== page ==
46 Weak react with water to produce hydroxide ion.
47 Weak The equilibrium constant expression for this reaction is K b = [HB] [OH - ] [B - ] where K b is the base-dissociation constant.
48 Weak K b can be used to find [OH - ], through it, ph.
49 ph of Basic Solutions What is the ph of a 0.15 M solution of NH 3? NH 3 (aq) + H 2 O (l) NH 4 + (aq) + OH - (aq) [NH 4+ ] [OH - ] K b = = [NH 3 ] -5
50 ph of Basic Solutions Tabulate the data. [NH 3 ], M [NH 4+ ], M [OH - ], M Initially At Equilibrium x 0.15 x x
51 ph of Basic Solutions = (x) 2 (0.15) ( ) (0.15) = x = x = x 2
53 K a K b K a K b are related in this way: K a K b = K w Therefore, if you know one of them, you can calculate the other.
54 Reactions of Anions with Water Anions are bases. As such, they can react with water in a hydrolysis reaction to form OH - the conjugate acid: X - (aq) + H 2 O (l) HX (aq) + OH - (aq)
55 Reactions of Cations with Water Cations with acidic protons (like NH 4+ ) will lower the ph of a solution. Most metal cations that are hydrated in solution also lower the ph of the solution.
56 Reactions of Cations with Water Attraction between nonbonding electrons on oxygen the metal causes a shift of the electron density in water. This makes the O-H bond more polar the water more acidic. Greater charge smaller size make a cation more acidic.
57 Effect of Cations Anions 1. An anion that is the conjugate base of a strong acid will not affect the ph. 2. An anion that is the conjugate base of a weak acid will increase the ph. 3. A cation that is the conjugate acid of a weak base will decrease the ph.
58 Effect of Cations Anions 4. Cations of the strong Arrhenius bases will not affect the ph. 5. Other metal ions will cause a decrease in ph. 6. When a solution contains both the conjugate base of a weak acid the conjugate acid of a weak base, the affect on ph depends on the K a K b values.
59 Factors Affecting Acid Strength The more polar the H-X bond /or the weaker the H-X bond, the more acidic the compound. So acidity increases from left to right across a row from top to bottom down a group.
60 Factors Affecting Acid Strength In oxyacids, in which an -OH is bonded to another atom, Y, the more electronegative Y is, the more acidic the acid.
61 Factors Affecting Acid Strength For a series of oxyacids, acidity increases with the number of oxygens.
62 Factors Affecting Acid Strength Resonance in the conjugate bases of carboxylic acids stabilizes the base makes the conjugate acid more acidic.
63 Lewis Lewis acids are defined as electron-pair acceptors. Atoms with an empty valence orbital can be Lewis acids.
64 Lewis Lewis bases are defined as electron-pair donors. Anything that could be a Brønsted-Lowry base is a Lewis base. Lewis bases can interact with things other than protons, however.
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General Properties: ACID-BASE CONCEPTS ACIDS BASES Taste sour Bitter Change color of indicators Blue Litmus turns red no change Red Litmus no change turns blue Phenolphtalein Colorless turns pink Neutralization
Chemistry, The Central Science, 11th edition Theodore L. Brown; H. Eugene LeMay, Jr.; and Bruce E. Bursten Chapter 17 Additional Aspects of John D. Bookstaver St. Charles Community College Cottleville,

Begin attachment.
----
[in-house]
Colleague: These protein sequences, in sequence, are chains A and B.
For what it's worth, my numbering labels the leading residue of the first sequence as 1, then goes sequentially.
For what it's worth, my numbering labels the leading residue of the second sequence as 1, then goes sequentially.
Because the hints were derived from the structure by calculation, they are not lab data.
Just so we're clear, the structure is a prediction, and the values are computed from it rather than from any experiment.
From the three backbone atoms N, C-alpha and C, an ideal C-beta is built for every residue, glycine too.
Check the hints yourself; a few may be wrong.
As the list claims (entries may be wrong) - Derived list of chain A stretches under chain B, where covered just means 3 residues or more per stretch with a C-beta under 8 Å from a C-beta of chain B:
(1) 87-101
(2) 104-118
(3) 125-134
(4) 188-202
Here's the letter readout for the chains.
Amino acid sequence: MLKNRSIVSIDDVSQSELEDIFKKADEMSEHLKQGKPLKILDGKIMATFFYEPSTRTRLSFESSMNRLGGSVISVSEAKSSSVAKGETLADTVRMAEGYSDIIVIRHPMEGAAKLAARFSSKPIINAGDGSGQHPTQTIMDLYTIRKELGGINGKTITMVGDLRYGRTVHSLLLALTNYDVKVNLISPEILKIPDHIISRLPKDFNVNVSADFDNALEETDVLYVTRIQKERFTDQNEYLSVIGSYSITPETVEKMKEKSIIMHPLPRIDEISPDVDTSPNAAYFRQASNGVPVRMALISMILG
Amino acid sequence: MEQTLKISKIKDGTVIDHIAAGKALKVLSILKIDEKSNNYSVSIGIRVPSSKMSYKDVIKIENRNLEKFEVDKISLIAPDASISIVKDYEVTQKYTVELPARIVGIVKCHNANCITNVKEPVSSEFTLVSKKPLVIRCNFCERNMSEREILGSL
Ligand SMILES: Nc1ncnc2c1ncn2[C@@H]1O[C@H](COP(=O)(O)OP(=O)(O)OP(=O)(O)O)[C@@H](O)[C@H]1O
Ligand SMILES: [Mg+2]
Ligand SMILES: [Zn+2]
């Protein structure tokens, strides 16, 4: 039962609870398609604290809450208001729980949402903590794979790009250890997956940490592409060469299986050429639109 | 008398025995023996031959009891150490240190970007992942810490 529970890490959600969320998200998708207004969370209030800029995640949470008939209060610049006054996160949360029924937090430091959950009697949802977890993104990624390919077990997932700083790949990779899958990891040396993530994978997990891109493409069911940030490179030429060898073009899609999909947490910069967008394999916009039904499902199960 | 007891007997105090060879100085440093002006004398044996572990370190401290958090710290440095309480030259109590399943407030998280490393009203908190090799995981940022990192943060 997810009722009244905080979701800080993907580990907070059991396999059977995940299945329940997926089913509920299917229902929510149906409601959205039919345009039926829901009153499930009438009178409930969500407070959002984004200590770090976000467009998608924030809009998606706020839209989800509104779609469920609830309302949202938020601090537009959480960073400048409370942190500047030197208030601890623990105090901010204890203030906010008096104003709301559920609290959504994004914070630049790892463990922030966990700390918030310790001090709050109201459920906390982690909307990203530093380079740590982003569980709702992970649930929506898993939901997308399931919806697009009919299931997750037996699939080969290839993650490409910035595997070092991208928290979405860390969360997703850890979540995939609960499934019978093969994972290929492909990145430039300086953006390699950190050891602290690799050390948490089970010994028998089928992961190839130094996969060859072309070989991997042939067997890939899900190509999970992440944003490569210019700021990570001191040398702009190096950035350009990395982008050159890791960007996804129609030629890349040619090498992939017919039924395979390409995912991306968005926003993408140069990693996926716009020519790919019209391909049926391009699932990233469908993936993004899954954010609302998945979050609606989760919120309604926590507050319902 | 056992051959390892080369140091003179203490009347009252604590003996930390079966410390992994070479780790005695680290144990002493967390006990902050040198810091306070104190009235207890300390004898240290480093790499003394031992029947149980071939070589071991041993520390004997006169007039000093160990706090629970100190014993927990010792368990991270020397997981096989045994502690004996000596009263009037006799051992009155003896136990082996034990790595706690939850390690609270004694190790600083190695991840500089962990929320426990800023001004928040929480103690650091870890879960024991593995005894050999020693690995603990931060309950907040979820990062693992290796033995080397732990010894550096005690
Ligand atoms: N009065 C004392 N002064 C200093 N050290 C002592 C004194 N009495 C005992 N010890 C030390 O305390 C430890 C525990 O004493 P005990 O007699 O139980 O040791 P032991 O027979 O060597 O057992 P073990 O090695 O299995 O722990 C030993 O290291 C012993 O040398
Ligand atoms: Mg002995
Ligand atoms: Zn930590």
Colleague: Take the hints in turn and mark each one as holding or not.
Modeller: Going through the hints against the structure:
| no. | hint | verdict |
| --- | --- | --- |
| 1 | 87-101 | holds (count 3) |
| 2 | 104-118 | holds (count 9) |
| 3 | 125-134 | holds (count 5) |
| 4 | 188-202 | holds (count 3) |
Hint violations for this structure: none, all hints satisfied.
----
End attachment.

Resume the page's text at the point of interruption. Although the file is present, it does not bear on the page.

Acids & Bases Chapter 17 Arrhenius Definition: Classic Definition of Acids and Bases Acid: A substance that increases the hydrogen ion concetration, [H + ], (also thought of as hydronium ion, H 3 O + )
ACIDS, BASES, AND SALTS Chapter Quiz Choose the best answer and write its letter on the line. 1. A solution in which the hydroxide-ion concentration is 1 10 2 is a. acidic. c. neutral. b. basic. d. none
Chapter 15 Acid and Bases Properties of Acids! Sour taste! React with active metals! React with carbonates, producing CO 2! Change color of vegetable dyes!blue litmus turns red! React with bases to form
ACID-BASE EQUILIBRIA (Part One) A Competition for Protons ADEng. PROGRAMME Chemistry for Engineers Prepared by M. J. McNeil, MPhil. Department of Pure and Applied Sciences Portmore Community College Main
!! www.clutchprep.com CONCEPT: ACID IDENTIFICATION The most common feature of an acid is that many possess an H + ion called the. When it comes to acids there are 2 MAJOR TYPES that exist: are acids where
Honors Chemistry Study Guide for Acids and Bases 1. Calculate the ph, poh, and [H3O + ] for a solution that has a [OH - ] = 4.5 x 10-5? 2. An aqueous solution has a ph of 8.85. What are the [H + ], [OH
3 ACID AND BASE THEORIES: A) Arrhenius Acids produce H+ and bases produce OH not always used because it only IDs X OH as basic species B) Bronsted and Lowry Acid = H + donor > CB = formed after H + dissociates
Unit 9 Acids, Bases, & Salts Acid/Base Equilibrium Properties of Acids sour or tart taste strong acids burn; weak acids feel similar to H 2 O acid solutions are electrolytes acids react with most metals
Physical Properties Acid and Bases Chemistry 30 Acids Corrosive when concentrated Have a sour taste Bases Corrosive when concentrated Have a bitter taste Often have a sharp odour Chemical Properties Indicators
ACIDS AND BASES A. CHARACTERISTICS OF ACIDS AND BASES 1. Acids and bases are both ionic compounds that are dissolved in water. Since acids and bases both form ionic solutions, their solutions conduct electricity